Queers want a revolution — not a badly made film

stonewall_1024“Stonewall,” a film by Roland Emmerich, was released on Sept. 25 and immediately flopped in theaters. The film for Emmerich was a “little movie” for which he wanted to spend “about $12 to $14 million.” Emmerich described his “coming-of-age” drama, fictional yet based on the Stonewall Rebellion of 1969, as “about these crazy kids in New York, and a country bumpkin who gets into their gang, and at the end they start this riot and change the world.” The “country bumpkin” is a white, gay teenager who comes out to his parents, is kicked out of his home and leaves his small Indiana town for New York City. In the film, the white teen is the one to throw the first brick and to agitate others to begin fighting in the streets.

At best, this is simply a coming-of-age drama. But at worst, the film is another tool in the capitalist commodification of lesbian, gay, bisexual, trans* and queer people and the struggle for LGBTQ liberation. The Stonewall Rebellions were the result of the fearlessness and radicalism of working-class, queer and trans* people of color. Many who threw the first punches, incited the first fight-backs, and screamed “No more!” were trans* people of color — particularly trans women of color, among them Sylvia Rivera and Miss Major Griffin-Gracy. In a Huffpost Live video interview, Miss Major expressed, “They’ve been doing this to us for years. They’re trying to eradicate us as a people and claim that we really do not exist. I guess we are a figment of our own imagination.” (Aug. 25)

By making the protagonist of “Stonewall” a white man, the film sought to make invisible a community that remains vocal about stopping the police violence, murders and brutalization of trans women and people of color. The erasure of the true s/heroes behind the Stonewall Rebellion serves as a tool in the continued erasure of the LGBTQ struggle for liberation. Those on the frontlines today — if they are not white; if they belong to an organized struggle; if they dare present a counternarrative to bourgeois propaganda — are attacked and ignored.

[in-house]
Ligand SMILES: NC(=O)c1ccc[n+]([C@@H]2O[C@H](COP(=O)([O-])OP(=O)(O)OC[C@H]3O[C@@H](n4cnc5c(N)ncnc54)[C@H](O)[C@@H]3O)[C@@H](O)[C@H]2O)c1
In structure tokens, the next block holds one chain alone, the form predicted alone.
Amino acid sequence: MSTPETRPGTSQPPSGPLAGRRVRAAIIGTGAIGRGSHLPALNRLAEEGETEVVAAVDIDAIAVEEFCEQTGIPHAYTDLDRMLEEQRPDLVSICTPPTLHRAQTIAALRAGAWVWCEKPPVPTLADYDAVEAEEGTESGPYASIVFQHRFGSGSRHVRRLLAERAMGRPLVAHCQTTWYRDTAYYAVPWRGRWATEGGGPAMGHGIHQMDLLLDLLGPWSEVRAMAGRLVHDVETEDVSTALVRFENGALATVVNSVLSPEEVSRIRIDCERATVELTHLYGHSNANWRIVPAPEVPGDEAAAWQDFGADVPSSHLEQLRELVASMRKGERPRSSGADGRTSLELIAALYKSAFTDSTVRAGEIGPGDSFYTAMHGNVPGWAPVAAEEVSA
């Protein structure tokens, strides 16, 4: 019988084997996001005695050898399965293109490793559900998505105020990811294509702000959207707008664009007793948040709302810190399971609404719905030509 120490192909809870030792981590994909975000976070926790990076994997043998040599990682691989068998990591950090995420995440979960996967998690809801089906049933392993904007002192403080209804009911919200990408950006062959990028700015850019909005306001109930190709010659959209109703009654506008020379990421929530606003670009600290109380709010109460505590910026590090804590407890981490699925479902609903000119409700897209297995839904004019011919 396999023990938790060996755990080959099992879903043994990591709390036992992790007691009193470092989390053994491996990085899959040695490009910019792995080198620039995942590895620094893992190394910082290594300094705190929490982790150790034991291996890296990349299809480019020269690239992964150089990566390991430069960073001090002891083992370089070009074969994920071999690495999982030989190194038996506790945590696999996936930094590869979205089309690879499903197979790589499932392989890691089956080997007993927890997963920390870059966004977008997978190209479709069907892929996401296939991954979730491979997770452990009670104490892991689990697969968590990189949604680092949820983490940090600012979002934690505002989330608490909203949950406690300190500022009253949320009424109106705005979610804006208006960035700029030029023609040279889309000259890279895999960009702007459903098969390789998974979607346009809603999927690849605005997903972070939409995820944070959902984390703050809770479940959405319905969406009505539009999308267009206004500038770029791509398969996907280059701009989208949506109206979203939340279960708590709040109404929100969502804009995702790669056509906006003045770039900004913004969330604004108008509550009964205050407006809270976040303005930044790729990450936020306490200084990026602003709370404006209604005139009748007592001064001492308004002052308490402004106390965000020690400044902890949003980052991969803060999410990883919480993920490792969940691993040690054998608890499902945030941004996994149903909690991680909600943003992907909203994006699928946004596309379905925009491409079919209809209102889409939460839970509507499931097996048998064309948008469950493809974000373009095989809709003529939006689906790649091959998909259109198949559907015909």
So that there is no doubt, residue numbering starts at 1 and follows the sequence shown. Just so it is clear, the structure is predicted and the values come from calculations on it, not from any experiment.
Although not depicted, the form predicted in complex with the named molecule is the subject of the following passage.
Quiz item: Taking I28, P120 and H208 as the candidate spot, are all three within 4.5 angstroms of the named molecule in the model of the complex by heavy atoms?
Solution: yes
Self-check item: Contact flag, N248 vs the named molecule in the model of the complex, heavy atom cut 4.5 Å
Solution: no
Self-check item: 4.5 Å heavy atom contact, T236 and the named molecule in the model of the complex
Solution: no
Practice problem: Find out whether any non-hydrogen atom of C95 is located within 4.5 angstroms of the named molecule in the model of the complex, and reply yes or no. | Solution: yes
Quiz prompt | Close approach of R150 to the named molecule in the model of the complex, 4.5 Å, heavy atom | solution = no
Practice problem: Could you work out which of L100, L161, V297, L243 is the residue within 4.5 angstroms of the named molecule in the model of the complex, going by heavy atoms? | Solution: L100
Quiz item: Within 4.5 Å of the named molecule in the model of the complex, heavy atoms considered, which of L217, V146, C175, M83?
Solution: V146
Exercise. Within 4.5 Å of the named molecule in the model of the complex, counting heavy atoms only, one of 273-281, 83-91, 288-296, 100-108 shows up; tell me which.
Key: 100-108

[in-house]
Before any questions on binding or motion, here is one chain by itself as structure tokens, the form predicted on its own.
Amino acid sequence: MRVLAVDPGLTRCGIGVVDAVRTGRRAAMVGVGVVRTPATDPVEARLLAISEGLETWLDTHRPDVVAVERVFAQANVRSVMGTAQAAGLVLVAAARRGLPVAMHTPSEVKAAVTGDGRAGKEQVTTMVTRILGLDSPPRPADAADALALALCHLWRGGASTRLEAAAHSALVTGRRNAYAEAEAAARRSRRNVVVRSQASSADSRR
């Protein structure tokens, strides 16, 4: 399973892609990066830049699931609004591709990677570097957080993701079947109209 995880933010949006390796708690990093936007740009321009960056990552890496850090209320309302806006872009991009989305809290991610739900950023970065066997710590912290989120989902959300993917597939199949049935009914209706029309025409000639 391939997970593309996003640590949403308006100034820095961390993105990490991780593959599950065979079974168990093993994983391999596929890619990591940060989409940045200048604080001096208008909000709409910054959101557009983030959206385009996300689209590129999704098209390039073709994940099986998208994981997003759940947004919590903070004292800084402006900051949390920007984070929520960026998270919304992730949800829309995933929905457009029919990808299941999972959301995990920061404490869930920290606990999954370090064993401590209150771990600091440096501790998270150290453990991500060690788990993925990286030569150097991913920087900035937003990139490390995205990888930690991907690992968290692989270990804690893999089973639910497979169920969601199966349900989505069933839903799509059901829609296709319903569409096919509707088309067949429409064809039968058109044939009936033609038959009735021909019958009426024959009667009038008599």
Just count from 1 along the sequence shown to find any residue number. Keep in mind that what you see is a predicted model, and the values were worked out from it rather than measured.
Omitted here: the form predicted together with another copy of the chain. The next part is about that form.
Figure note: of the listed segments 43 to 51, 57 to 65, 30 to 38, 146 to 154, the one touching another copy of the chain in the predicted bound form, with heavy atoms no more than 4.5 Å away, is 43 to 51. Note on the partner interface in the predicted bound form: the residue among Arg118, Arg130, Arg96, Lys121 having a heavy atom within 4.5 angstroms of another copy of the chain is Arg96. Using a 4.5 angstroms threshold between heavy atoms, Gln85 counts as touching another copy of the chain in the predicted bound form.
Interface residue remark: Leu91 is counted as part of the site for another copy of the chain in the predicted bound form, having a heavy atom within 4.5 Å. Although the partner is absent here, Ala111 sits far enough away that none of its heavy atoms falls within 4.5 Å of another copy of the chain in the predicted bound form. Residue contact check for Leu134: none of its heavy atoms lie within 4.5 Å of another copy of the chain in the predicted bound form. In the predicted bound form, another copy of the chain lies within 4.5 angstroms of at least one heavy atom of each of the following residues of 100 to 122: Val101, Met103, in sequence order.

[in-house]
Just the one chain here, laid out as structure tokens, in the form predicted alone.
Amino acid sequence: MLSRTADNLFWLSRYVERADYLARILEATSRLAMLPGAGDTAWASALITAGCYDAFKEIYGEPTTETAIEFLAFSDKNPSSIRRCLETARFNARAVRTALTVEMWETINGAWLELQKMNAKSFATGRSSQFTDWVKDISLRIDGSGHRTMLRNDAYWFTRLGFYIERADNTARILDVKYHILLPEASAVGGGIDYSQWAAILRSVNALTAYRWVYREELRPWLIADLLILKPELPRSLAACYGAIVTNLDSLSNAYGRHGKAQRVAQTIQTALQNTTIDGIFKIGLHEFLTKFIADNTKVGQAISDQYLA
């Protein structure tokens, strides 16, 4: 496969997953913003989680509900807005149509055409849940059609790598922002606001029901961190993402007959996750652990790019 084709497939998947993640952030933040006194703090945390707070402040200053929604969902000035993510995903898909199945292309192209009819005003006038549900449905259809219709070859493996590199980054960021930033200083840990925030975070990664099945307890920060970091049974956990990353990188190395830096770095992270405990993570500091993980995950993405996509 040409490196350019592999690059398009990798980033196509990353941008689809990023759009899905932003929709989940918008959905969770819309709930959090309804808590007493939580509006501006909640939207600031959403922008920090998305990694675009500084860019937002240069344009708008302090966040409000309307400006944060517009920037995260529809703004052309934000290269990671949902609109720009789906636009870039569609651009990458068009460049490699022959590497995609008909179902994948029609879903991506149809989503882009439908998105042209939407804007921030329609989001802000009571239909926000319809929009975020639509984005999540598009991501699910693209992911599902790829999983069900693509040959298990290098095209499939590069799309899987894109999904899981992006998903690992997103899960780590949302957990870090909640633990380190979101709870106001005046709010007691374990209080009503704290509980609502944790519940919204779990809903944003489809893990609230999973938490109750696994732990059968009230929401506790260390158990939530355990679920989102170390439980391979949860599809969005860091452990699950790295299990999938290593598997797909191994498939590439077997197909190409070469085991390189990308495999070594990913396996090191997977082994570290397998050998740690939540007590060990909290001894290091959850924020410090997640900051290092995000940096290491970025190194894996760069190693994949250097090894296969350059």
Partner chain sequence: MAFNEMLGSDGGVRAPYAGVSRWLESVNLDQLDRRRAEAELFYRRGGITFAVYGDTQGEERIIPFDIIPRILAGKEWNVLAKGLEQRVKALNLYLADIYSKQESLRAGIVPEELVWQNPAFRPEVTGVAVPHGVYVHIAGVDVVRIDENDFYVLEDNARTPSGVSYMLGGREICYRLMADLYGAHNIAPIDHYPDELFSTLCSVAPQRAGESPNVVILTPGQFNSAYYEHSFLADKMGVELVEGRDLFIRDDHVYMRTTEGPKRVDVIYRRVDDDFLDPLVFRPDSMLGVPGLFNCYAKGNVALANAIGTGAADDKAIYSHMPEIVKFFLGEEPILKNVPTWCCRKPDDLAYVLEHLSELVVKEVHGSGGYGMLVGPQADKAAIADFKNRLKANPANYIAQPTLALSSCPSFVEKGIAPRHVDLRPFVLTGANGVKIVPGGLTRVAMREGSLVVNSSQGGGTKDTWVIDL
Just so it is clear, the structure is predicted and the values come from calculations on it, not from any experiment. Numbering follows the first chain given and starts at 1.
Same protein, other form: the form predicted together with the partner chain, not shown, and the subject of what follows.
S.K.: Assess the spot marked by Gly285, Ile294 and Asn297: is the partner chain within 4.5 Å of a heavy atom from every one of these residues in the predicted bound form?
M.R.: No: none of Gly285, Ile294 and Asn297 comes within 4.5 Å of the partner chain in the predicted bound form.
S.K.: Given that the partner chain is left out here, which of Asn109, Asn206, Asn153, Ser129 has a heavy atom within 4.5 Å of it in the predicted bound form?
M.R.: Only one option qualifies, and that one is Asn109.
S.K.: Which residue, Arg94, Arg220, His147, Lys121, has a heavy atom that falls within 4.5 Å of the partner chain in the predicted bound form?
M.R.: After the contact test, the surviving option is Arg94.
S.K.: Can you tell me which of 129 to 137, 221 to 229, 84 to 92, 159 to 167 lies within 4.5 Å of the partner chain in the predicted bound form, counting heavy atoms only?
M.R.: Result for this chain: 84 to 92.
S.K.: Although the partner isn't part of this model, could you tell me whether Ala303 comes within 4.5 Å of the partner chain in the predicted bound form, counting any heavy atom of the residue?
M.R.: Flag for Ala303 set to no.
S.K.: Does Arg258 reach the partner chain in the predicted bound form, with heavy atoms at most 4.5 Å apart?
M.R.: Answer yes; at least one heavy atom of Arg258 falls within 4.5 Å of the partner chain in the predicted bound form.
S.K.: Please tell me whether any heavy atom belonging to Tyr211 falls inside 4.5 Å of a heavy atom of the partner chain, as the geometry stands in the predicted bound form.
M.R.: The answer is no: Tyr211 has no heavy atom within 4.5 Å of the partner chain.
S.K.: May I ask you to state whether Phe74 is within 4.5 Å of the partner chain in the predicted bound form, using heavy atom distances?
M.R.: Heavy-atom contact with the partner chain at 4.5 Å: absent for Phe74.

Hollywood was presented with an opportunity to unite the working class by telling a true story about why queer and trans* revolutionaries fought back. But instead — to no surprise — they acted on their capitalist orientation and produced a film that further divided working and oppressed people by repressing history. When working-class people and oppressed peoples do not understand our revolutionary history and traditions, we are more susceptible to carrying out the agendas of the ruling class and fighting each other when we should be fighting together.

In August, the Gay-Straight Alliance Network launched an online petition calling for a boycott of the film. GSA Network urged everyone, “Do not throw money at the capitalistic industry that fails to recognize true ­­s/heros. Do not support a film that erases our history. Do not watch Stonewall.” (unite.gsanetwork.org) The petition has gathered more than 24,000 signatures in a clear showing that the LGBTQ community refuses to be satisfied with gross misrepresentation and whitewashing of our radical history.

“Pride,” released in 2014, has a much more political approach to LGBTQ history. The film is based on the true story of gays and lesbians who organized in solidarity with striking mine workers in Wales in 1984. The film captures the struggle to build solidarity between the LGBTQ movement and the labor movement at a time when both groups were led to believe that they were each other’s enemy. Organizers came together to form the group Lesbians and Gays Support the Miners.

LGBTQ people and mineworkers were used as puppets, pitted against each other as the ruling class exploited the struggles of their communities. Mineworkers were seen as poor and invaluable by many in the LGBTQ community, and many mineworkers acted on their bigotry by harming and harassing LGBTQ people. The ways LGBTQ people and miners saw each other were crafted by both the media and bourgeois propaganda. These were the perfect conditions for Margaret Thatcher, the state and the ruling class to proceed with their agenda to privatize the mines. But revolutionaries on both sides recognized that they would be stronger together.

Contrary to “Stonewall,” which made one white teen a hero, “Pride” raised the power of working class unity and what is possible when working and oppressed people fight together against the true enemy: the capitalist ruling class.

There is a growing discomfort with the ruling class’s violence toward the LGBTQ community in all its forms. Queer and trans* people are building a grassroots movement for Black lives, against racism and capitalism, for housing, employment, and against gentrification, for workers’ rights and climate justice, and for collective liberation. From the Stonewall Rebellion to Lesbians and Gays Support the Miners, queers want a revolution — not bourgeois propaganda to keep the masses misinformed about what could be possible when we throw our punches together.

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